There are other outstanding issues related to the Comprehensive Peace Agreement still to be resolved, including North-South border demarcation and the holding of Popular Consultations in Blue Nile and Southern Kordofan. We hope the parties will now refocus their energies on resolving these issues and key post-referendum arrangements, including citizenship, security arrangements, the sharing of oil revenues and other economic issues. We are encouraged that both parties have agreed on a number of principles, particularly to work for two viable states, with soft borders, and to build constructive, good neighbourly relations. But there is still a lot of work to be done on specific issues. On all these we will continue to support President Mbeki's mediation efforts.
We also face important humanitarian challenges. Every day some 2.000 people are returning to South Sudan from the North, who need help to reintegrate into their local communities.
I remain deeply concerned about increased violence in Darfur, leading to tens of thousands of newly displaced people and the severe impact this is having on humanitarian operations. Three European citizens are still being held hostage.
We also continue to have concerns about the detention of human rights defenders, journalists, opposition politicians and peaceful student protestors. One of the basic principles of the CPA was the establishment of democratic governance, based on respect for diversity and basic freedoms. We want to see respect for fundamental freedoms and genuinely inclusive democratic governance in both North and South.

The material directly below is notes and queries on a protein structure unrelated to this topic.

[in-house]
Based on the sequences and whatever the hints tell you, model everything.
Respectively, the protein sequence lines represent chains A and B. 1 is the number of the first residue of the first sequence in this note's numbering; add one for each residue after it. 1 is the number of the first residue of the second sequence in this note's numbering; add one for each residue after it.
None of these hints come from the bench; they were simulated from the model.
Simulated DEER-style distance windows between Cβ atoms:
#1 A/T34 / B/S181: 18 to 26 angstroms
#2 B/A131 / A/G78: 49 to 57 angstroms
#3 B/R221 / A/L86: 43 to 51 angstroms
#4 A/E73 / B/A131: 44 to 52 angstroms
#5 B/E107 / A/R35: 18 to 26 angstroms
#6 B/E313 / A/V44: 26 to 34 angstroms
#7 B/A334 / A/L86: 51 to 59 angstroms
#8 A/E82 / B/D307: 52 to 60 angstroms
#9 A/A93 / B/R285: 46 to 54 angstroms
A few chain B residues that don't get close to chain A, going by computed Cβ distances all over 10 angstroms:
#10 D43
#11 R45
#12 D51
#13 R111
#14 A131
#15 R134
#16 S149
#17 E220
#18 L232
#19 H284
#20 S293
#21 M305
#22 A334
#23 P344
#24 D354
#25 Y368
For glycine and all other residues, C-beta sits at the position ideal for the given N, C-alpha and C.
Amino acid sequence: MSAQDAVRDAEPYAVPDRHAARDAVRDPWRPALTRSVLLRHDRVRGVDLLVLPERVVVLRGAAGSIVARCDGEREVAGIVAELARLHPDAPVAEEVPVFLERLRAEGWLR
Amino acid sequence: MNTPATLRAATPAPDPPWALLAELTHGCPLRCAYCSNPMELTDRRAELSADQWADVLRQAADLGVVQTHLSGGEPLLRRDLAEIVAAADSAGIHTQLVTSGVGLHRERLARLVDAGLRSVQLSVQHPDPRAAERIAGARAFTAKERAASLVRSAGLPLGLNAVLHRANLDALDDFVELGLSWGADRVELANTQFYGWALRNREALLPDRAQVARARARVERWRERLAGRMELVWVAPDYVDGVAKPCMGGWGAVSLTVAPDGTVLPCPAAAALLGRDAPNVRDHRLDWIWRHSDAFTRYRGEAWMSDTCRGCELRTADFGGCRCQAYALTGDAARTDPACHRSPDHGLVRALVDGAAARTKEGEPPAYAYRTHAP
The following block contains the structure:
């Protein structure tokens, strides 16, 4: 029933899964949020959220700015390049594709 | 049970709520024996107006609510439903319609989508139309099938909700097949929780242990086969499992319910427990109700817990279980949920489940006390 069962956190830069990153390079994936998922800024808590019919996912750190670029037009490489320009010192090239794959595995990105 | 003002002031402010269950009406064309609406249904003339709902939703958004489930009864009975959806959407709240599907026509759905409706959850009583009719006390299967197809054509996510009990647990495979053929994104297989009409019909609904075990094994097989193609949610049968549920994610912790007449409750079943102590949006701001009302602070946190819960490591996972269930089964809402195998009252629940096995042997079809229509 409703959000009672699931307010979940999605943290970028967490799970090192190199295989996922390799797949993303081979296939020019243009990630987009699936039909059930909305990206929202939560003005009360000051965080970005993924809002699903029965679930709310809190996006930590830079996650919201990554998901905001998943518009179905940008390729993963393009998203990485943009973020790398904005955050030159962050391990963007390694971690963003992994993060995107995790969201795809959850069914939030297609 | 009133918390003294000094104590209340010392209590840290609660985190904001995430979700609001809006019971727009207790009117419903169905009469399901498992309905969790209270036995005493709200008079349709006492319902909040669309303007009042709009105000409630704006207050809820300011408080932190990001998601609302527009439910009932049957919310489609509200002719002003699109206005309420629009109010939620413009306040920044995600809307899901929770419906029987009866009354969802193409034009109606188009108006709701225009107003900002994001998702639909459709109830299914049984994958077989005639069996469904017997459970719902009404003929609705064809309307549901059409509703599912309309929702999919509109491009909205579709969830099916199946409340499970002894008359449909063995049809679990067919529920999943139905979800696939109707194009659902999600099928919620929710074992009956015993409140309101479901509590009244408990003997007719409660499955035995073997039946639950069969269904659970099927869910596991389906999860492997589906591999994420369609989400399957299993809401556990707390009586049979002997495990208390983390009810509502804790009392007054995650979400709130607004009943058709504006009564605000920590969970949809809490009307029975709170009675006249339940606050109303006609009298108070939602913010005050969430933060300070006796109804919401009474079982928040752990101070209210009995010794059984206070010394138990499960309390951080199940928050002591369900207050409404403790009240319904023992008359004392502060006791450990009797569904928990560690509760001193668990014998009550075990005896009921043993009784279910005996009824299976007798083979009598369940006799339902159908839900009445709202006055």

Honourable Members of the European Parliament,
Looking to the future, I can assure you that Sudan will remain high on my agenda.
The EU will continue to engage with both Khartoum and Juba. We are ready to step up our engagement with the Government in Khartoum and are prepared to strengthen our dialogue on issues of common interest. Recognising the political and economic challenges ahead, the EU remains committed to providing assistance to the people in the North, particularly in war-affected areas such as the East, the Transitional Areas and Darfur. Southern Sudan will not be stable if Northern Sudan is not stable and vice versa. EU Foreign Ministers have said that they are ready to look closely at EU support for an international debt relief effort for Sudan, consistent with political progress.
In Southern Sudan, the EU has a significant contribution to make to stabilisation, development and institutional capacity-building. The EU is already providing support for basic services and agricultural development. This is in addition to the significant bilateral programmes of Member States. We are currently reviewing our longer-term strategy for development cooperation with Southern Sudan.
We recognise that Darfur deserves the same high level attention that has recently been focused on CPA implementation. We appeal to all parties to cease hostilities and conclude a ceasefire agreement, leading to a comprehensive and just political settlement. We will step up our efforts to encourage all parties to engage seriously in the Doha peace process and hope to see a positive outcome as soon as possible.
Finally a word on justice. Lasting peace in Darfur cannot be achieved without justice and reconciliation, as underlined by AU High Level Panel on Darfur. There has to be an end to impunity. The Council has repeatedly recalled the obligation of the Government of Sudan to cooperate fully with the International Criminal Court pursuant to UNSC Resolution 1593.
Honourable Members of the European Parliament,
I believe that the EU has an important role to play in supporting a peaceful, stable and democratic future for the Sudanese people, whether in one country or two. We owe it to the Sudanese people in both North and South to stand by them and offer support and encouragement at this critical time.